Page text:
UK Iraq War Report Places Crushing Blame On Tony Blair

UK Iraq War Report is finally out. Seven years after the Chilcot Inquiry was convened to look into whether the Iraq War was a justified invasion by the UK, it was published on Wednesday.

And one person who has not been shown any mercy in the Iraq war report is former Prime Minister Tony Blair.

Not only does The Iraq Inquiry pronounce that Saddam Hussein’s reign over Iraq posed no imminent threat to the UK, but in 2.6 million words, the report also makes it clear that Blair pushed an ill-prepared army to go to war in Iraq — an action that resulted in an astronomical number of deaths.

Set up by former Prime Minister Gordon Brown, the UK Iraq War report was drawn up by a committee chaired by Sir John Chilcot, who headed the inquiry which also had War Studies scholar Sir Lawrence Freedman, historian Sir Martin Gilbert, diplomat Sir Roderic Lyne and Deputy Chair of the British Council Baroness Usha Prashar.

“We have concluded that the UK chose to join the invasion of Iraq before the peaceful options for disarmament had been exhausted. Military action at that time was not a last resort.”

One of the first to apologise in the wake of the UK Iraq war report was Jeremy Corbyn, leader of the Labour party which was in power at the time of the war.

The UK Iraq War report also spelled out three other crushing blows to Tony Blair’s decision to follow George W. Bush into war.

“We have also concluded that:

  • The judgements about the severity of the threat posed by Iraq’s weapons of mass destruction – WMD – were presented with a certainty that was not justified.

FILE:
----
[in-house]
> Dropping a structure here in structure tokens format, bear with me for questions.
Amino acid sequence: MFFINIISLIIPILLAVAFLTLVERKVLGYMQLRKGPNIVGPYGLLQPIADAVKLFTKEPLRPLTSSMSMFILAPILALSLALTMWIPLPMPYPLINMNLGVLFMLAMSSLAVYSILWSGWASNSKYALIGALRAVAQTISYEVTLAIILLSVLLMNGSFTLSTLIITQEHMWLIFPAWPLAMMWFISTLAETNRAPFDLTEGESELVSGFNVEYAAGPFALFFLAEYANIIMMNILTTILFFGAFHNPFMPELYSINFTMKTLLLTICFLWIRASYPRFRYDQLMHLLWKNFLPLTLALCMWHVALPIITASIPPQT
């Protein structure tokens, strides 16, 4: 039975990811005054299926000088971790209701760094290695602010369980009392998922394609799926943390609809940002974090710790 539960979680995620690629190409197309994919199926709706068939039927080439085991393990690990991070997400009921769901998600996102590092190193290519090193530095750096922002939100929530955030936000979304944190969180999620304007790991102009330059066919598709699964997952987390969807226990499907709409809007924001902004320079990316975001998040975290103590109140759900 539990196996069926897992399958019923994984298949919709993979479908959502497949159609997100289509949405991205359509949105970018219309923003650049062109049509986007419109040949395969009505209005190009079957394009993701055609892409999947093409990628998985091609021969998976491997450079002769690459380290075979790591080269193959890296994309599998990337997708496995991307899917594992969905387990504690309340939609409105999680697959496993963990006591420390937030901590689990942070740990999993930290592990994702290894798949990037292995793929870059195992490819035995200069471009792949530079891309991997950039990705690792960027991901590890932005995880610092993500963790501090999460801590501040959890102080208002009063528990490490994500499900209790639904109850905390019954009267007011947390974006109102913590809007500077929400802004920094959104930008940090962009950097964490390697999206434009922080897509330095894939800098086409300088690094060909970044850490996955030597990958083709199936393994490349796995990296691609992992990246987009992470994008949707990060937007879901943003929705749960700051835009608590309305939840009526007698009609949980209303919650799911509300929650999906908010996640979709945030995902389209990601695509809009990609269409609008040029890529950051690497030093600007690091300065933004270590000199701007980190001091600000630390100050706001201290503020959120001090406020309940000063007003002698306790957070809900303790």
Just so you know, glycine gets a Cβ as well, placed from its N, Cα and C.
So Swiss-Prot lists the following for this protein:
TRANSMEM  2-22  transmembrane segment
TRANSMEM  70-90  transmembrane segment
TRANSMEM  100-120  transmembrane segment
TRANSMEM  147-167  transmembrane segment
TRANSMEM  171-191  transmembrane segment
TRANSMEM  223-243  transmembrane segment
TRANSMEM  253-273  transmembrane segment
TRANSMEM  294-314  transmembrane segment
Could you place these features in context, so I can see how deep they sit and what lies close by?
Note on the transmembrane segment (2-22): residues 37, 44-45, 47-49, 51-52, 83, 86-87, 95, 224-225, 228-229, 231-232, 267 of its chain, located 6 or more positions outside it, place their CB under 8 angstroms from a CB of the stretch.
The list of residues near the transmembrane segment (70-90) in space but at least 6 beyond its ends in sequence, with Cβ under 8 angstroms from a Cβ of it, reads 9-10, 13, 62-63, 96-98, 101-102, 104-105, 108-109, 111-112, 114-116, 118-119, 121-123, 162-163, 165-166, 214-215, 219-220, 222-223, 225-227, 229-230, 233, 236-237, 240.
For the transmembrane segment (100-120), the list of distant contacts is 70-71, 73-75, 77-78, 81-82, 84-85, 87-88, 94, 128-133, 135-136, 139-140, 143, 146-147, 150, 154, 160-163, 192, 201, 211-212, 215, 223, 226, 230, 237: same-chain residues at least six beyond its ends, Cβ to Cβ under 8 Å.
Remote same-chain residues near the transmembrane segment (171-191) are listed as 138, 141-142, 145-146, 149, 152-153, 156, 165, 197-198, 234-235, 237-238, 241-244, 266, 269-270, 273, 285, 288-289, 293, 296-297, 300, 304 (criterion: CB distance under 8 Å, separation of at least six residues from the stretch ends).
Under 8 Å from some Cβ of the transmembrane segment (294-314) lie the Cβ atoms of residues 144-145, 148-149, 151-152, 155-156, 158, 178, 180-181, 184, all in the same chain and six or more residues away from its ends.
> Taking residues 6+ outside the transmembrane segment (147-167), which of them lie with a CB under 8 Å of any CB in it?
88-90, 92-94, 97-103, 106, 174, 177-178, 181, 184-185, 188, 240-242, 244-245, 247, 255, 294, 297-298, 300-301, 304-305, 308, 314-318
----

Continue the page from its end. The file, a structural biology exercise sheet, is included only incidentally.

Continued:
• Despite explicit warnings, the consequences of the invasion were underestimated. The planning and preparations for Iraq after Saddam Hussein were wholly inadequate.
  • The Government failed to achieve its stated objectives.”
UK Iraq War Report

The report pointing to the futility of the Iraq War also revealed that — as The Guardian puts it — in a “remarkable” private note, sent on 28 July 2002, Blair promised Bush his unquestioned loyalty with the following words:

“I will be with you, whatever.”

The war report not only pointed a clear finger at Blair for hoodwinking the British public with false reasons for proceeding to war but also drew attention to the unpardonable fact that 150,000 Iraqi lives — most of them civilian — were lost in the Iraq War, prompting a lingering atmosphere of displacement and disaster in the Middle East.

In his press conference, however, Blair, though apparently accepting of his culpability, remained visible unrepentant of the fact that he went ahead with a war before, as John Chilcot said and the BBC quoted, all the “peaceful options” available were exhausted.

Blair’s statement [PDF] in response to the report is a resounding proclamation of his adamance and his insistence that he was justified in leading his country to war.

“I will never agree that those who died or who were injured made their sacrifice in vain. They fought in the defining global struggle of the 21st Century against the terrorism and violence which, the world over, destroys lives and divides communities, and their sacrifice should always be remembered with thanksgiving and honour when finally that struggle is won, as it will be.

I know some of the families cannot and do not accept this is so.

I know there are those who can never forgive me for having taken this decision; or who think I took it dishonestly.”

UK Iraq War Report

The UK Iraq War report has re-opened the curtains to the sorrow of those who have lost dear ones in the war. In the topmost photograph of this post, Sarah O’Connor holds a picture of her brother Sergeant Bob O’Connor who was killed in Iraq in 2005, outside the Queen Elizabeth II conference center after the announcement of the outcome of the report. Surrounding her were other families of soldiers killed in the Iraq war.

[Photo by Chris J Ratcliffe/Getty Images]